Anne's impact on my life was profound. Over time, she was my professor, my supervisor, my mentor, and my friend. I could have never achieved what I did in life if not for her unwavering belief in me. It was a privilege to know her.
In time, Anne became more and more attentive to the tensions between the core concerns of professional philosophers and real-life human issues, and her sensitivity to these tensions influenced the trajectory of her scholarly career.
Shortly after completing her Ph.D., Anne’s scholarly interests began to shift away from epistemology and towards bioethics and feminist philosophy. Her published articles in these areas take up issues concerning gender justice, chronic illness, and reproductive technology. What is distinctive about much of her work on these topics is that she positions them within a relational autonomy framework. Her best-known and most widely cited publication is "Autonomy and Interdependence: Quandaries in Genetic Decision Making” (in Relational Autonomy, edited by Catriona Mackenzie and Natalie Stoljar, Oxford University Press, 2000). In it, Anne rejects individualistic models of decision-making in medical practice as completely inadequate to the tough choices people face because of our advancing knowledge of genetics, and she develops and defends an account of relational autonomy. Prior to her death she was working on a book entitled Procreation, Power, and Personal Autonomy: Feminist Reflections. At different times, both the National Endowment for the Humanities and the Lilly Foundation funded her scholarship.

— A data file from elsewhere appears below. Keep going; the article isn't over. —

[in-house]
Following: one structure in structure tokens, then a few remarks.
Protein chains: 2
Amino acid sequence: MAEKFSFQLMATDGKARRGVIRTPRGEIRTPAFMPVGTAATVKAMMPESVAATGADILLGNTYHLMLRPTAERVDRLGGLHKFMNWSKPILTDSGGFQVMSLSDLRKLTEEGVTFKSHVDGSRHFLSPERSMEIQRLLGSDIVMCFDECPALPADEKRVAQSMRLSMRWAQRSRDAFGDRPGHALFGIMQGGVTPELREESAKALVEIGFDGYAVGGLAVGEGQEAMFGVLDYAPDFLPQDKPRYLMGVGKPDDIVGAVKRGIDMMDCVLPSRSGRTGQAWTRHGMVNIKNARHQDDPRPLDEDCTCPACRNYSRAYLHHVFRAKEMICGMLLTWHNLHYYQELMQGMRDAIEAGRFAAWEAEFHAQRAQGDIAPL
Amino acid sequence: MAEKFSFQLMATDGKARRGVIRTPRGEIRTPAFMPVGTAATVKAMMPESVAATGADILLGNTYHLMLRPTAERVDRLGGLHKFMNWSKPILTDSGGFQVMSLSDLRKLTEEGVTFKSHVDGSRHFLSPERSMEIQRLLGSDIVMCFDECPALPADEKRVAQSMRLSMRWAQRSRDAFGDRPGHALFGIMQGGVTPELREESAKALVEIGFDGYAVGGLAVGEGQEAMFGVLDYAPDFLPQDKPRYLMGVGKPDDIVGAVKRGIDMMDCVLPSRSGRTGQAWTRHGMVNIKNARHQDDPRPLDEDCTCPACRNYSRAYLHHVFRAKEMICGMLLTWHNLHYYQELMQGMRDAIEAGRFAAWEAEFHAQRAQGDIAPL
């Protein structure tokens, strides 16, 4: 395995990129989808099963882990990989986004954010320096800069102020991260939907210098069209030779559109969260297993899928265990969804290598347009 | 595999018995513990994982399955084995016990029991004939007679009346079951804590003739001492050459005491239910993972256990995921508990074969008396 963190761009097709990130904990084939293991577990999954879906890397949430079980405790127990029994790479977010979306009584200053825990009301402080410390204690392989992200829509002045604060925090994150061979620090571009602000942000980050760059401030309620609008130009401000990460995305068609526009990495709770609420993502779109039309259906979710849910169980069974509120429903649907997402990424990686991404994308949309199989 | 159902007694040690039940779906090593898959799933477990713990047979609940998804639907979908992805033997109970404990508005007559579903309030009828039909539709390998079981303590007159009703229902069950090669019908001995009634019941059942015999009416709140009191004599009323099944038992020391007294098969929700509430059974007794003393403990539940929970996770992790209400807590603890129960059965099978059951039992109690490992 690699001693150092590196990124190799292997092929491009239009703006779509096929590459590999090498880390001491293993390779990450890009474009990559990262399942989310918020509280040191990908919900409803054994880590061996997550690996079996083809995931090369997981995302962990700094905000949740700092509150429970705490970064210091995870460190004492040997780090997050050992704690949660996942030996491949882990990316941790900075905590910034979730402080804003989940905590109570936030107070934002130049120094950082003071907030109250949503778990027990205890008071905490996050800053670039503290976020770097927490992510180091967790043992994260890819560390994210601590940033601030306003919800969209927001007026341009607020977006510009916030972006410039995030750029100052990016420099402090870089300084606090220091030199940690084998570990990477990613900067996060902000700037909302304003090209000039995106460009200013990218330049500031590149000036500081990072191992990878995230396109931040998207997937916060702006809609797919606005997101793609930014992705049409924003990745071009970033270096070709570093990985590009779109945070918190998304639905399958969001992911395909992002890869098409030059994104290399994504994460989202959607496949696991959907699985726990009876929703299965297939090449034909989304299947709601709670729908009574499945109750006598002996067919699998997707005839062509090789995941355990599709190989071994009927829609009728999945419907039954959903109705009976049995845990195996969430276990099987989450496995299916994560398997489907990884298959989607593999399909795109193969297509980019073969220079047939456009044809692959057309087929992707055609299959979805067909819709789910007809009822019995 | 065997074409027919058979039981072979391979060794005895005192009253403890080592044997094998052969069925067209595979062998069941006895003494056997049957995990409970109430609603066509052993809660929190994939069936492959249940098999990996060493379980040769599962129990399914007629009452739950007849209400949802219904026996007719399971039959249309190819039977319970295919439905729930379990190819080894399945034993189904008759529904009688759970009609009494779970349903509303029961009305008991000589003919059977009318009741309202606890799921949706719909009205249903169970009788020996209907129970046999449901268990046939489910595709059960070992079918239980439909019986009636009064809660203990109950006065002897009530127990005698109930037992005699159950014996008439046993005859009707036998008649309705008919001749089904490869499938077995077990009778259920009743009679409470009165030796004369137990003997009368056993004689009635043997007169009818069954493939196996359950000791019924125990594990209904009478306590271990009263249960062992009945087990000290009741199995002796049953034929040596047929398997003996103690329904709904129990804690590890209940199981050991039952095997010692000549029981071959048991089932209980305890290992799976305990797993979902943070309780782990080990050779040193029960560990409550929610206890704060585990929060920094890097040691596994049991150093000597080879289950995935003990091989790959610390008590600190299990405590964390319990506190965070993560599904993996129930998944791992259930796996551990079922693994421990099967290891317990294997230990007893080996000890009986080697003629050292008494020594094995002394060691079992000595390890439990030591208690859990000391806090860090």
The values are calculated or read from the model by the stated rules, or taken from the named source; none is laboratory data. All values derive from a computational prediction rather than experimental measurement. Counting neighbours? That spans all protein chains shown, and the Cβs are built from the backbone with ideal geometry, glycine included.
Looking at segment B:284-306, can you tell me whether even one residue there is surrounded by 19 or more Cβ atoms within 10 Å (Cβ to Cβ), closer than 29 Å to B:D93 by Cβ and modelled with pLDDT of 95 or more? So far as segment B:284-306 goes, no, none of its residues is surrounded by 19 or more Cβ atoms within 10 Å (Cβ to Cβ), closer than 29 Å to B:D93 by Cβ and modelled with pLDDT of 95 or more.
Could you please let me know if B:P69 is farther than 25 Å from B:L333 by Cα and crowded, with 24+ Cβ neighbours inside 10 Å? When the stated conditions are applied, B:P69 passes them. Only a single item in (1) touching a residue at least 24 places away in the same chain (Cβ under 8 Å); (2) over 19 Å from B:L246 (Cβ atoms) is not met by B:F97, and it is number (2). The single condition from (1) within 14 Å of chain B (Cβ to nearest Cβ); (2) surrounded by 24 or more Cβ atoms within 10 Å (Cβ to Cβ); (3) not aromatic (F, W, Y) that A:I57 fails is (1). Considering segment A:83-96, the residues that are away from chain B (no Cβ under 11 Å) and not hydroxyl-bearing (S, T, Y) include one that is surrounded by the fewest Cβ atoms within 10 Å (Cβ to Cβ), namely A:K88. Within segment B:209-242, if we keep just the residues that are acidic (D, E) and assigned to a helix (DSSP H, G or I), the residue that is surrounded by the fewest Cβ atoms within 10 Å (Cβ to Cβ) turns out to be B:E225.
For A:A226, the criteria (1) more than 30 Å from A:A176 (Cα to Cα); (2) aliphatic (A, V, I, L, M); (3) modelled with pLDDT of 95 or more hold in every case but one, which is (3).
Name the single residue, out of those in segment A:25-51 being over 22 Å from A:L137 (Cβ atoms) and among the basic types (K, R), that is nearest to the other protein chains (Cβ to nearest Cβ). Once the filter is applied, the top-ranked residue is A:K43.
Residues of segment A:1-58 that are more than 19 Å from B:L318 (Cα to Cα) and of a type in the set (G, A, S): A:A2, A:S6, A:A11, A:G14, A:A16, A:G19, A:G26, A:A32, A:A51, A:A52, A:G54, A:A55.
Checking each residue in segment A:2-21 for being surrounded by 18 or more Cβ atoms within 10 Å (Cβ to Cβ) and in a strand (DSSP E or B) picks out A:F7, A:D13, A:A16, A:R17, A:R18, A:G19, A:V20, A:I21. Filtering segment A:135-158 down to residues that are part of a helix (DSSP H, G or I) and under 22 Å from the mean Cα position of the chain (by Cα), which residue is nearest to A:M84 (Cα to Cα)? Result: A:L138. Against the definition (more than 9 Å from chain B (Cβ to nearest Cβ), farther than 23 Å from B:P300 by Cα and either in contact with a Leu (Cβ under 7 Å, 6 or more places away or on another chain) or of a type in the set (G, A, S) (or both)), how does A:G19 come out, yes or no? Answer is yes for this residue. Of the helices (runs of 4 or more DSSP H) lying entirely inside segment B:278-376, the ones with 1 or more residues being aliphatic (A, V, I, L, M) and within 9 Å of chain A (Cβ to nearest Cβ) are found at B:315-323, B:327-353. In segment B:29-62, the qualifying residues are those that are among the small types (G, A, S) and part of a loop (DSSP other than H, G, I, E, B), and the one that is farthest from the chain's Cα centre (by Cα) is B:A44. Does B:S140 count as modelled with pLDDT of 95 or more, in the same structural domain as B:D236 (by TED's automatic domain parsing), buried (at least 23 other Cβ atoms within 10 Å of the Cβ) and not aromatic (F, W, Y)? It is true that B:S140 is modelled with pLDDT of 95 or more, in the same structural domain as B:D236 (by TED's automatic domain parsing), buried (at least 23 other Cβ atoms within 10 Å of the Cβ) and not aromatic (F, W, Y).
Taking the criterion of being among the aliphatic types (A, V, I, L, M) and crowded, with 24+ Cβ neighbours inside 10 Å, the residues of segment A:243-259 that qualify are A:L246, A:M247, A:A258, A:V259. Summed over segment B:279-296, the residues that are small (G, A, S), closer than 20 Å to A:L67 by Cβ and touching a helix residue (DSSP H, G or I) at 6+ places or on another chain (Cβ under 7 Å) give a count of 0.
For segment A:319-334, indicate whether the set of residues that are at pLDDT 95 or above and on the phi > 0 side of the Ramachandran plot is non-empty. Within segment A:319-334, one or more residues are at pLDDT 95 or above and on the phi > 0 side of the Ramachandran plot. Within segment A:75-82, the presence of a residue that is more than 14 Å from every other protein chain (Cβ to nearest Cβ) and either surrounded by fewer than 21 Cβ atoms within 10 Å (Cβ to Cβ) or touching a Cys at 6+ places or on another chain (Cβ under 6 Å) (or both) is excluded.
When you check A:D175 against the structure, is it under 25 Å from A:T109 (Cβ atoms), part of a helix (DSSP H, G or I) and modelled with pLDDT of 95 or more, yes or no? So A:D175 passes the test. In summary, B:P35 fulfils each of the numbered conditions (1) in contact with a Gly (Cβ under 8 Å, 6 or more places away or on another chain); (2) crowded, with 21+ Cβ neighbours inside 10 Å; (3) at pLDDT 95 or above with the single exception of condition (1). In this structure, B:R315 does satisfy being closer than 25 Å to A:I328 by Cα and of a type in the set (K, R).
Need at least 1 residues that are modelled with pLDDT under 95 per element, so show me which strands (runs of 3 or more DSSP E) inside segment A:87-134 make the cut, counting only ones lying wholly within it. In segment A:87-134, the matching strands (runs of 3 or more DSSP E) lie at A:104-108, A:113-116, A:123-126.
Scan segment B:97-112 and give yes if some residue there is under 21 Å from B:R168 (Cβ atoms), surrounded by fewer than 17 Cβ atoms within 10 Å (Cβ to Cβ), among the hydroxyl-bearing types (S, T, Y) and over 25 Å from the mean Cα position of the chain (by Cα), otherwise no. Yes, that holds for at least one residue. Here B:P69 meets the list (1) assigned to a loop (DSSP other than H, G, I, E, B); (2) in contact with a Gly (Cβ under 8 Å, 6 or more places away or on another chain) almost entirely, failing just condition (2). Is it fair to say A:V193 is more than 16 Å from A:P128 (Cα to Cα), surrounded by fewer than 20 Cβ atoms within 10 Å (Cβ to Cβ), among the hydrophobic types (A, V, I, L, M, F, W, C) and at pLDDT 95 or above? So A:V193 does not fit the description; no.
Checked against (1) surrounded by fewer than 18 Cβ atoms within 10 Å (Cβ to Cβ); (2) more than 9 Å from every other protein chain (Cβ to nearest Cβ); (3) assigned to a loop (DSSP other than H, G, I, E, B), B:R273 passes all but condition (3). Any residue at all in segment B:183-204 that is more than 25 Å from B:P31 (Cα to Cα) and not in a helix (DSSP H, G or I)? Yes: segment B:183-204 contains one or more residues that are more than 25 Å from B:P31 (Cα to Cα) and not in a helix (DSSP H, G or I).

In addition to her publications, Anne turned her scholarly interests into activism within the profession of philosophy. Frustrated that regnant theory in bioethics ignored the viewpoints of women and members of other subordinated social groups, she spearheaded the founding of the International Network on Feminist Approaches to Bioethics in 1992 and served as an early co-coordinator (1992–1998). FAB, as it is known, has grown to be a thriving international organization that holds biannual conferences, publishes books and a journal, and fosters scholarly communication through its listserv. Anne co-edited two of FAB’s major publications: Embodying Bioethics (Rowman & Littlefield Publishers, 1999) andLinking Visions (Rowman & Littlefield Publishers, 2002). In addition, she was an associate editor of Bioethics,served on various feminist bioethics boards, and reviewed manuscripts for numerous journals and scholarly presses.
In 2000, Anne retired from IUPUI, but she remained professionally active – writing, editing, and speaking until failing health curtailed her work late in her life. She is survived by her life partner and fellow philosopher Edmund Byrne, a daughter, Joanne Adams, three sons, John, David, and Christopher Adams, and three grandchildren. She will be greatly missed as well by the many colleagues whose lives she touched and enriched. A memorial service was held on September 2, 2014, at Grace Episcopal Church in Hastings-on-Hudson, NY. FAB will hold a session honoring Anne at their next conference in Edinburgh in 2016.